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Daisies are a common sight across the UK, and that’s largely down to the fact they can grow in almost all types of soil. From acidic to alkaline, daisies will thrive in virtually any lawn or garden. But while many think the dainty white and yellow flower is a joy to behold, not everyone agrees.
Daisies are known by dozens of common names, which include:
- The English daisy
- The common daisy
- The lawn daisy
They are a perennial plant that spreads via seed, which is how they can seemingly get everywhere.
Daisies usually grow between March and October and can appear as a result of not mowing your lawn frequently enough.
If you’re not a fan of the small white petals, Express.co.uk breaks down how to get rid of them.
How to get rid of daisies on your lawn
There are a handful of ways to remove daisies from your lawn, which you can read on to discover.
But it’s important to stop them from returning too – and cutting the grass more regularly can be an effective way of doing this.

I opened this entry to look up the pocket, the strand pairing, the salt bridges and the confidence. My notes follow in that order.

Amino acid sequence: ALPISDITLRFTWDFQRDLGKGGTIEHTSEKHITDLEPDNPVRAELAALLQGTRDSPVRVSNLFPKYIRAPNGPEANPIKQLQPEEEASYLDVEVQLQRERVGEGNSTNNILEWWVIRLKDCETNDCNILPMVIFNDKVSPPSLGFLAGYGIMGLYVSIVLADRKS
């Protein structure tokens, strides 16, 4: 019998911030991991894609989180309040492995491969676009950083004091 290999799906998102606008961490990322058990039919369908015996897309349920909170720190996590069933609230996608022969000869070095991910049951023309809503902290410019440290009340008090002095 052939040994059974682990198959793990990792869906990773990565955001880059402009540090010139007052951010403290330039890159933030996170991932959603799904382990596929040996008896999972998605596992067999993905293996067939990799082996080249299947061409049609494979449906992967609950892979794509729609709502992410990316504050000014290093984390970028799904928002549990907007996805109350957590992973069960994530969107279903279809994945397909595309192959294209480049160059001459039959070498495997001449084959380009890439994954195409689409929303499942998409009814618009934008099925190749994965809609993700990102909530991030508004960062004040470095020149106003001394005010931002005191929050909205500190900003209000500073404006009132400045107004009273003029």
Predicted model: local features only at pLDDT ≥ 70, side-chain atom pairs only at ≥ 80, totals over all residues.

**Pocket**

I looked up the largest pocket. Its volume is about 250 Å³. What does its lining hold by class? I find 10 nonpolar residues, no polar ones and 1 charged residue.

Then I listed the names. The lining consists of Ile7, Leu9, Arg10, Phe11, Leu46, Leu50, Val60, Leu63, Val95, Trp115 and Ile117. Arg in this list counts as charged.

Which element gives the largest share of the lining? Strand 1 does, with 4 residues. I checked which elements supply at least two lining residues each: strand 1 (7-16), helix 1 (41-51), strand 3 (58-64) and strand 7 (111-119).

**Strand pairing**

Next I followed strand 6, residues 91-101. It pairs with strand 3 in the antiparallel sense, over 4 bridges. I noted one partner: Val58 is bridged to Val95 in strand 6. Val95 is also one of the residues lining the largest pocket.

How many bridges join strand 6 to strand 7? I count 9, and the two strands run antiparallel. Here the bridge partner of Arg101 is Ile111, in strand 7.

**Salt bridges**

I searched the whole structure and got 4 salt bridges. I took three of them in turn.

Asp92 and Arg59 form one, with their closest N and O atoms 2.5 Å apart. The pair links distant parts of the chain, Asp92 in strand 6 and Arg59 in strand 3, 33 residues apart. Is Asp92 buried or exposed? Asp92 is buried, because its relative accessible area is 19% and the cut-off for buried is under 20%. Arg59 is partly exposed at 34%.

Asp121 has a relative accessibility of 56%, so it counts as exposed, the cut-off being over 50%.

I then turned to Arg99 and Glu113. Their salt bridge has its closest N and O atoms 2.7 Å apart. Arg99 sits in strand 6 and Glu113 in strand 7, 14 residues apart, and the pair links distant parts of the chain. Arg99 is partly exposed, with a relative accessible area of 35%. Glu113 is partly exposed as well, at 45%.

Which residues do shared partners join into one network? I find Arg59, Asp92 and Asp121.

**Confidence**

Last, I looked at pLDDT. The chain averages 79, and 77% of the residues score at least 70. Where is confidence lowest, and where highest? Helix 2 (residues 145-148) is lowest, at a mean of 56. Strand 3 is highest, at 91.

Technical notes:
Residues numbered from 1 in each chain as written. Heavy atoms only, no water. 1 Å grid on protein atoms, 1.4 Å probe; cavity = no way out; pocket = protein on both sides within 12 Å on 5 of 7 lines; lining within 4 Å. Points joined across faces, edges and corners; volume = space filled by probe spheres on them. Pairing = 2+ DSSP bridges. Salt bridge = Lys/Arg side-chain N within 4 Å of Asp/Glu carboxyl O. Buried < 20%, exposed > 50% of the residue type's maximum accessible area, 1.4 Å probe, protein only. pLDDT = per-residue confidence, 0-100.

Mowing your lawn regularly helps your grass become more dense which leaves little to no room for daisies to grow.
But to get rid of the pesky lawn weeds in the first place, read on to find four ways to remove them.
This is a handy tool that allows you to dig out the tiny flowers without much fuss.
Simply insert the device – such as the Bio Dasiy Grubber by DeWit – into the ground under the plant, with the two prongs at an angle.
Then all you need to do is lever upwards, pulling out the flower and the root system.
Alternatively, if you have a lot of daisies on your lawn, you can use a knife to slash through the foliage.
Doing this at weekly intervals helps to weaken and loosen the plant. Eventually, you can pull them out with little fuss.
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Removing daisies by hand may seem an arduous task but it’s an organic – and free – way to get rid of them.
As daisies frequently grow in clumps, you can simply grab a handful and pull.
Do remember to try and take as much of the root system with the flower as possible, in order to prevent regrowth.
Make sure to weed early – and often.
If all the above fails, or you’d prefer to kill them rather than digging them out, you could try a weed killer spray or concentrate.
If you only have a few handfuls of daisies, try a spray for a sport treatment.
Or if your grass is inundated with flowers, try a selective weed killer concentrated across your whole lawn.
Make sure to follow the instructions carefully – you’re supposed to dilute the mix, but too watery and it won’t kill the daisies, while if you make it too strong it could also kill the grass.
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